Coaching services

I offer email and telephone coaching at both corporate and individual rates. Contact Rick for details at rbrendaYPmhFXuFCAJFnLner@ChacrKjtBlfROsSTYlTjoCanyon.com or (617) 491-6289, or toll-free in the continental US at (866) 378-5470.

Get the ebook!

Past issues of Point Lookout are available in six ebooks:

Reprinting this article

Are you a writer, editor or publisher on deadline? Are you looking for an article that will get people talking and get compliments flying your way? You can have 500 words in your inbox in one hour. License any article from this Web site. More info

Public seminars

Creating High Performance Virtual Teams
Many Creating High Performance Virtual Teamspeople experience virtual teams as awkward, slow, and sometimes frustrating. Even when most team members hail from the same nation or culture, and even when they all speak the same language, geographic dispersion or the presence of employees from multiple enterprises is often enough to exclude all possibility of high performance. The problem is that we lead, manage, and support virtual teams in ways that are too much like the way we lead, manage, and support co-located teams. In this program, Rick Brenner shows you how to change your approach to leading, managing, and supporting virtual teams to achieve high performance using Simons' Four Spans model of high performance. Read more about this program. Here's an upcoming date for this program:

The Race to the South Pole: Ten Lessons for Project Managers
On 14The Race to the Pole: Ten Lessons for Project Managers December 1911, four men led by Roald Amundsen reached the South Pole. Thirty-five days later, Robert F. Scott and four others followed. Amundsen had won the race to the pole. Amundsen's party returned to base on 26 January 1912. Scott's party perished. As historical drama, why this happened is interesting enough, but to organizational leaders, business analysts, project sponsors, and project managers, the story is fascinating. Lessons abound. Read more about this program. Here's an upcoming date for this program:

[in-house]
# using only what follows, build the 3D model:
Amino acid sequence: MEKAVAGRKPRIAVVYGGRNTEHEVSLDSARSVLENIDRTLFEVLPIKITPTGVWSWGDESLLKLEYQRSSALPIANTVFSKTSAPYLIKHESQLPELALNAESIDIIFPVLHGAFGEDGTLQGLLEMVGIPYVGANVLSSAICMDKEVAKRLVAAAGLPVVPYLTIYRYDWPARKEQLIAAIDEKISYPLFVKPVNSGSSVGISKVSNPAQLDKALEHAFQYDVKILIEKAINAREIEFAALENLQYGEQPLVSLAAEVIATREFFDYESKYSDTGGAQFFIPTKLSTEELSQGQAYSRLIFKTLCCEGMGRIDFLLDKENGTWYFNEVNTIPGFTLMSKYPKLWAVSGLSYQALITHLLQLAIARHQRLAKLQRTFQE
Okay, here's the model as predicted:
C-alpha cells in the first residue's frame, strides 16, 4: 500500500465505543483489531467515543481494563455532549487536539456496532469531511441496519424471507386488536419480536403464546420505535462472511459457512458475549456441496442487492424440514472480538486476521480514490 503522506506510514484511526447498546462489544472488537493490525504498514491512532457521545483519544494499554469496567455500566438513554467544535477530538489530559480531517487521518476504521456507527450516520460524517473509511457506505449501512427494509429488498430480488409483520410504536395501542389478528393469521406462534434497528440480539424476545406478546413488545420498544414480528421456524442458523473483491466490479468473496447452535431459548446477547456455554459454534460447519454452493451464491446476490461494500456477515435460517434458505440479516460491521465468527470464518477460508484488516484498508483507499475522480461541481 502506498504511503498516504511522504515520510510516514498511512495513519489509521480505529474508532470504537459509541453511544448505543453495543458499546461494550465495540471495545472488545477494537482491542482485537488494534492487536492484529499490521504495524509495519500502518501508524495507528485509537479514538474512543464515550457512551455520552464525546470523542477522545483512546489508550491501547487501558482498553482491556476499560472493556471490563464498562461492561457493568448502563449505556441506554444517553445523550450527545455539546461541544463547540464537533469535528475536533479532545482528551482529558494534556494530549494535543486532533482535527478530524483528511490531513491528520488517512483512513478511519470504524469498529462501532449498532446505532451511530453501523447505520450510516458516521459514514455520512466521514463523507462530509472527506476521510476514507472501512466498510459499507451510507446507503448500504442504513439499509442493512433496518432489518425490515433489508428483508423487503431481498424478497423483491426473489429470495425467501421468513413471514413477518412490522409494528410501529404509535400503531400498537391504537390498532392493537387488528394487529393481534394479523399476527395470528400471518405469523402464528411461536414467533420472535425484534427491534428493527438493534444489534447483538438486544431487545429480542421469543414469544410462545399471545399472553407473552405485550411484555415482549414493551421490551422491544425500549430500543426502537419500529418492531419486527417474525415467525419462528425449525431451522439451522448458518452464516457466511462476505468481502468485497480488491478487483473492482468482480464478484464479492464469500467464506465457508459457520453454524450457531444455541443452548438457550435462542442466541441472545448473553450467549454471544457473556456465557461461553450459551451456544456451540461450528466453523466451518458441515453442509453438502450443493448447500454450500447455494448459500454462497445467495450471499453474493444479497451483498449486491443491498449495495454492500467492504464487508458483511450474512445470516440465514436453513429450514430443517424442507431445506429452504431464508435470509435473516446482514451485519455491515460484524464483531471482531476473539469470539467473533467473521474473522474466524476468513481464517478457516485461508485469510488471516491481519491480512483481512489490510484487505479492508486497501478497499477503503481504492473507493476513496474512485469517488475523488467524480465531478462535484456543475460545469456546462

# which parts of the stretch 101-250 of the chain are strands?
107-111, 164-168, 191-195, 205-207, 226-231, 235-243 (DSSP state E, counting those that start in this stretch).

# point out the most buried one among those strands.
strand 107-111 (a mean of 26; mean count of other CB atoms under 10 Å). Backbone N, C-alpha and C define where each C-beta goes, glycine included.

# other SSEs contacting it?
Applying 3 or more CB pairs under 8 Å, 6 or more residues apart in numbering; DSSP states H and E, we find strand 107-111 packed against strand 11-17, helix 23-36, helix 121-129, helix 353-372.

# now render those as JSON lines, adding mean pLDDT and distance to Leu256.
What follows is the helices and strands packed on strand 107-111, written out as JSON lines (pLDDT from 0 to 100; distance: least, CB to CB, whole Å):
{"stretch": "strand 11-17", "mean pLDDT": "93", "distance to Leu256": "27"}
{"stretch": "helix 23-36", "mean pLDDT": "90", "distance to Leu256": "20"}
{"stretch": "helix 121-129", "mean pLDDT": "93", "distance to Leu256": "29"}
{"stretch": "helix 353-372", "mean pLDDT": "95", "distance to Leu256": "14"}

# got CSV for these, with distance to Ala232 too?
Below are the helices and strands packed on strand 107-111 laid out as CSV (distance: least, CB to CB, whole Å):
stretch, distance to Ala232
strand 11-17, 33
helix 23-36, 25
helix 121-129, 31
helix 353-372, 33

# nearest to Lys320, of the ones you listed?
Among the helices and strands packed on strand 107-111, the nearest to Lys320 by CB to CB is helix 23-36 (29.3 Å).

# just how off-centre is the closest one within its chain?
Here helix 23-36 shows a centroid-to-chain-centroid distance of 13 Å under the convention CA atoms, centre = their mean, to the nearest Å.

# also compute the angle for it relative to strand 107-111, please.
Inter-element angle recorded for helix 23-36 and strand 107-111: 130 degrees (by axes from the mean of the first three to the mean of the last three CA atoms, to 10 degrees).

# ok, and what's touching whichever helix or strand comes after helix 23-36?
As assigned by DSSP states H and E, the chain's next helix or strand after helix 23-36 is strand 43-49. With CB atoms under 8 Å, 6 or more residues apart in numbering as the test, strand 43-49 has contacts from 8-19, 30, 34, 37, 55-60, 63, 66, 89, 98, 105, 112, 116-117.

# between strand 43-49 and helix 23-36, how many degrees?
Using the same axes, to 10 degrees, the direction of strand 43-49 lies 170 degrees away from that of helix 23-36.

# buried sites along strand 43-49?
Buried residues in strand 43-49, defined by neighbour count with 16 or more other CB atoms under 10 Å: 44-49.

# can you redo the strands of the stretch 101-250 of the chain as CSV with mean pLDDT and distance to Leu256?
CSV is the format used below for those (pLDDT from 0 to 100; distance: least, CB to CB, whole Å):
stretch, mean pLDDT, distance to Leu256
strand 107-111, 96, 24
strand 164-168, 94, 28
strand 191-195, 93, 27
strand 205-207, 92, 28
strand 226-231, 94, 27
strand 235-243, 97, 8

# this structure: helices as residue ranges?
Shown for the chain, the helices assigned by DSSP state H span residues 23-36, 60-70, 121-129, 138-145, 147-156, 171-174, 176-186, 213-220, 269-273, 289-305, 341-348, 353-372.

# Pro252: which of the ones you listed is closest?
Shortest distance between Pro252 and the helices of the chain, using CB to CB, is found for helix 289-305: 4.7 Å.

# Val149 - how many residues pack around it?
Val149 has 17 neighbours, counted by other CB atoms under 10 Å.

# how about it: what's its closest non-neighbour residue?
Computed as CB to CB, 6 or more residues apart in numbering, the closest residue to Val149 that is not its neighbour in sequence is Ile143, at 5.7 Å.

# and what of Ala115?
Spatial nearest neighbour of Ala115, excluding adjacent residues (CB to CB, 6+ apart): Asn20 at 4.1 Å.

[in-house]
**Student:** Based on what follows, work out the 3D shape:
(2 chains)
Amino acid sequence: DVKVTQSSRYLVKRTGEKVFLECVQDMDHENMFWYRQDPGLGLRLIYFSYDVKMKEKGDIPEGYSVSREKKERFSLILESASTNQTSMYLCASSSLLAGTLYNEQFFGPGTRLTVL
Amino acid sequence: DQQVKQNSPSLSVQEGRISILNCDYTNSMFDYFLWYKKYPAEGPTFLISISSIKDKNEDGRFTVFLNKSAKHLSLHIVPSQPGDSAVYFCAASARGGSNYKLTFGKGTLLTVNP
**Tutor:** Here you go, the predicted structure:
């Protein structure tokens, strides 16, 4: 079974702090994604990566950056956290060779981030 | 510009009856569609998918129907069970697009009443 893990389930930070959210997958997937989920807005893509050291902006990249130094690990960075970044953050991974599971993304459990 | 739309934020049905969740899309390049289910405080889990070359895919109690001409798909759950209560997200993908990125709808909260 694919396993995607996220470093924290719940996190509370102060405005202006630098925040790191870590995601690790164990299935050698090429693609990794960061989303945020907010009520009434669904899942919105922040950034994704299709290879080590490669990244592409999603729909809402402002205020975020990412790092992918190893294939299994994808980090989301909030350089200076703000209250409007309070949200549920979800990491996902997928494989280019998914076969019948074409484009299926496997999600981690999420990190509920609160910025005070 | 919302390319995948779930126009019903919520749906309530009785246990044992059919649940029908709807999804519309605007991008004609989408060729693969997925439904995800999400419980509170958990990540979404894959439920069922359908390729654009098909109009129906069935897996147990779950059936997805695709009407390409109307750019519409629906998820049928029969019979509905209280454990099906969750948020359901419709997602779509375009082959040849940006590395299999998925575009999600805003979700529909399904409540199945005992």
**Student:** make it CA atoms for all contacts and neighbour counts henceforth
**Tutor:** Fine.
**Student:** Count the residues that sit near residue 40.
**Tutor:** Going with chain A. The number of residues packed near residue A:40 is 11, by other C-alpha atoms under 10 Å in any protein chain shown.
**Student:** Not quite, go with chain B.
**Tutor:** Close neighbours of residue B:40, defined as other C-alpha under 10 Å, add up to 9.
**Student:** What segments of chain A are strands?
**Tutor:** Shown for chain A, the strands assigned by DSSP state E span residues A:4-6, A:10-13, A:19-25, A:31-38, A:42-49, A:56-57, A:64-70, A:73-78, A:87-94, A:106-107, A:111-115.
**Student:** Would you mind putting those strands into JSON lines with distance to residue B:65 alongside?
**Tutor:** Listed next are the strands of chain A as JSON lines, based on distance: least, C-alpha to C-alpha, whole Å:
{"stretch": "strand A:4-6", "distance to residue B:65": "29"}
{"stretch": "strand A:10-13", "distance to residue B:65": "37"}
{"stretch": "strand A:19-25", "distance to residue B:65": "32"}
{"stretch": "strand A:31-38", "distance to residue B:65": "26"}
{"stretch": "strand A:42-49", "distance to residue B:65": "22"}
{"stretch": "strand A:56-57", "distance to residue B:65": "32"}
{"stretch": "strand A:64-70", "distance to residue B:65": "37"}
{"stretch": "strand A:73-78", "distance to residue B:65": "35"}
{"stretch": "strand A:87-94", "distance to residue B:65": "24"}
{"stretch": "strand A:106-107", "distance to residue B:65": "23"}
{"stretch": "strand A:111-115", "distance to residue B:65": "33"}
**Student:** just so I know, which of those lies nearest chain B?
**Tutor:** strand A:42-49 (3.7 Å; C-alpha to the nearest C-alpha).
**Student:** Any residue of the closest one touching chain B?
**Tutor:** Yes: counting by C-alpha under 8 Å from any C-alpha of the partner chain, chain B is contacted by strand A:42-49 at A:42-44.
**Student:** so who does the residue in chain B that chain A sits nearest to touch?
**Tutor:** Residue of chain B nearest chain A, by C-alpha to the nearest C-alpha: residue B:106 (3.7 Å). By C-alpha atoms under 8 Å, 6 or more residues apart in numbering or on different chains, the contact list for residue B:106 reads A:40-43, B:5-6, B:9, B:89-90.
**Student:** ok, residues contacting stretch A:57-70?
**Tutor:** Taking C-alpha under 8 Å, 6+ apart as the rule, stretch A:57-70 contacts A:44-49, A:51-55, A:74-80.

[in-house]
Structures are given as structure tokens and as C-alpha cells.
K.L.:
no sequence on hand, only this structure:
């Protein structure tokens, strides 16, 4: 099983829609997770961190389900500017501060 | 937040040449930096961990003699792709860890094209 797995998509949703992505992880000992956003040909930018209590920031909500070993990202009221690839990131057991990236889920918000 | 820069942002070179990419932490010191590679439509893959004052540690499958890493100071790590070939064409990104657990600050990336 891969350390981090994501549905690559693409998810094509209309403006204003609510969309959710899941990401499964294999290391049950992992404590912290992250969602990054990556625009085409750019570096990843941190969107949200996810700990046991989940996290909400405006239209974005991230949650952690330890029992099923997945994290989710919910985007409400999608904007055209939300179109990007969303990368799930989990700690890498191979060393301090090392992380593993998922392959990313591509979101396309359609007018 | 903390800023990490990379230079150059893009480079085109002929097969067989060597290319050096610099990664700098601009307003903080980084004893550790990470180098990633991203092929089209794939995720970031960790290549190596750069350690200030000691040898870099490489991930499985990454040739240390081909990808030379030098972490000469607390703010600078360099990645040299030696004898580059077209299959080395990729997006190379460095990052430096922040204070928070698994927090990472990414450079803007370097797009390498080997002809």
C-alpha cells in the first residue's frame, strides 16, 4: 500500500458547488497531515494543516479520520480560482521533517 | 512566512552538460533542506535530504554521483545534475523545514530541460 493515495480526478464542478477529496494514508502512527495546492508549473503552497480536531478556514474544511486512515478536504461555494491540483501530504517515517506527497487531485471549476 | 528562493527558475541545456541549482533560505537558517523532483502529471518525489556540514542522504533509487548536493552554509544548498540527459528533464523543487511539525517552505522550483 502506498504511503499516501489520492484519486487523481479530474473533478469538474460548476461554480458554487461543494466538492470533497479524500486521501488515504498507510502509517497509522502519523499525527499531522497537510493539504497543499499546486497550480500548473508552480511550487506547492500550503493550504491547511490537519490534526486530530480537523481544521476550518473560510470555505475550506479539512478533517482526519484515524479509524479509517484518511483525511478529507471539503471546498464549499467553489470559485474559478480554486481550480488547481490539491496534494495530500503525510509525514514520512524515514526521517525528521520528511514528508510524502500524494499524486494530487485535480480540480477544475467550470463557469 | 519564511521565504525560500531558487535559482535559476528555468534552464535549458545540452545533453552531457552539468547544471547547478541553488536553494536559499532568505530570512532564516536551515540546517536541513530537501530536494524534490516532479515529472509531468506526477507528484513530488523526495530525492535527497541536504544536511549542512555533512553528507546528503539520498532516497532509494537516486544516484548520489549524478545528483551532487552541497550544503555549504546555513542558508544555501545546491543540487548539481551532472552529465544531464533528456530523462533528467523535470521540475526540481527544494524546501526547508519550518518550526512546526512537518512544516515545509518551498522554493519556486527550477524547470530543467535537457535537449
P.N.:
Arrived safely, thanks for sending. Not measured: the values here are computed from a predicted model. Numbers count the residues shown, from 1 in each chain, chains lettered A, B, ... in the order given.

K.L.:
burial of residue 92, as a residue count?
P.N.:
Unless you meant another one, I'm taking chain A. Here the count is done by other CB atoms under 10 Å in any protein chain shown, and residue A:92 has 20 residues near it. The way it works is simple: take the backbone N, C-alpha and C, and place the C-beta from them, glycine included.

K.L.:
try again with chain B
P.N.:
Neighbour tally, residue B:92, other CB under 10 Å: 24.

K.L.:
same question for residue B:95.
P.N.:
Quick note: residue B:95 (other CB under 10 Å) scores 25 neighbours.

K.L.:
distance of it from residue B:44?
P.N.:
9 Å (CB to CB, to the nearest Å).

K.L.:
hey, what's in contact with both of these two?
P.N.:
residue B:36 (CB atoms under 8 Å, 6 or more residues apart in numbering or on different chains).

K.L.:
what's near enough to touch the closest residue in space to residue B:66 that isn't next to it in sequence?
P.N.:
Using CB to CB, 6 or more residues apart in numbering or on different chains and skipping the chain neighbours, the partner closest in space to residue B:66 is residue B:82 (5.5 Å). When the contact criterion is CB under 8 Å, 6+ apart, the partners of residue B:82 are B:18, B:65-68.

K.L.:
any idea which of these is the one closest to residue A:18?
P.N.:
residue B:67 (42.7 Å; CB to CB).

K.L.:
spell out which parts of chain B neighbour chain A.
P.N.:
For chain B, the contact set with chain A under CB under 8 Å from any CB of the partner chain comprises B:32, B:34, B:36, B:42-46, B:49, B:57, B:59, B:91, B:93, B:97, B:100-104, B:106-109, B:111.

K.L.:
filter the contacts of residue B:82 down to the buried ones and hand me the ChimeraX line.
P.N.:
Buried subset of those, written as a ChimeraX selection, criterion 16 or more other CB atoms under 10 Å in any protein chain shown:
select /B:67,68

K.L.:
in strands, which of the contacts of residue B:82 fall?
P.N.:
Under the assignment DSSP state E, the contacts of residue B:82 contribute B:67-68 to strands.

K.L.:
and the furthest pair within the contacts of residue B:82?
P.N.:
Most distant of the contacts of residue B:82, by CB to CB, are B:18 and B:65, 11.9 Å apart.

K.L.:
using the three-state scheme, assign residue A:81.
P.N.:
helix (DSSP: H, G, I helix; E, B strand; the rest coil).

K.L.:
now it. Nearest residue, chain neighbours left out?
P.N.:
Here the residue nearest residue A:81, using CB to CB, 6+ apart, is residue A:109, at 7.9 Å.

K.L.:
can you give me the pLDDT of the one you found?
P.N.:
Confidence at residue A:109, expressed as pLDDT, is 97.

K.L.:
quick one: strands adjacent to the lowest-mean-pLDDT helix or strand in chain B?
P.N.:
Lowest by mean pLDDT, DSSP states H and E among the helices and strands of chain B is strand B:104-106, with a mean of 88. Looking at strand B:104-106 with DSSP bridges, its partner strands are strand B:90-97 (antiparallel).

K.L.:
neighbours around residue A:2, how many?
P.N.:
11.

Follow Rick

Send email or subscribe to one of my newsletters Follow me at LinkedIn Follow me at Twitter, or share a tweet Follow me at Google+ or share a post Subscribe to RSS feeds Subscribe to RSS feeds
Please donate!The message of Point Lookout is unique. Help get the message out. Please donate to help keep Point Lookout available for free to everyone.

Beware any resource that speaks of "winning" at workplace politics or "defeating" it. You can benefit or not, but there is no score-keeping, and it isn't a game.

303 Secrets of Workplace PoliticsIs every other day a tense, anxious, angry misery as you watch people around you, who couldn't even think their way through a game of Jacks, win at workplace politics and steal the credit and glory for just about everyone's best work including yours? Read 303 Secrets of Workplace Politics!
303 Tips for Virtual and Global TeamsLearn how to make your virtual global team sing.
My free weekly email newsletter gives concrete tips and suggestions for dealing with the challenging but everyday situations we all face.
A Tip A DayA Tip a Day arrives by email, or by RSS Feed, each business day. It's 20 to 30 words at most, and gives you a new perspective on the hassles and rewards of work life. Most tips also contain links to related articles. Free!
101 Tips for Effective MeetingsLearn how to make meetings more productive — and more rare.
Exchange your "personal trade secrets" — the tips, tricks and techniques that make you an ace — with other aces, anonymously. Visit the Library of Personal Trade Secrets.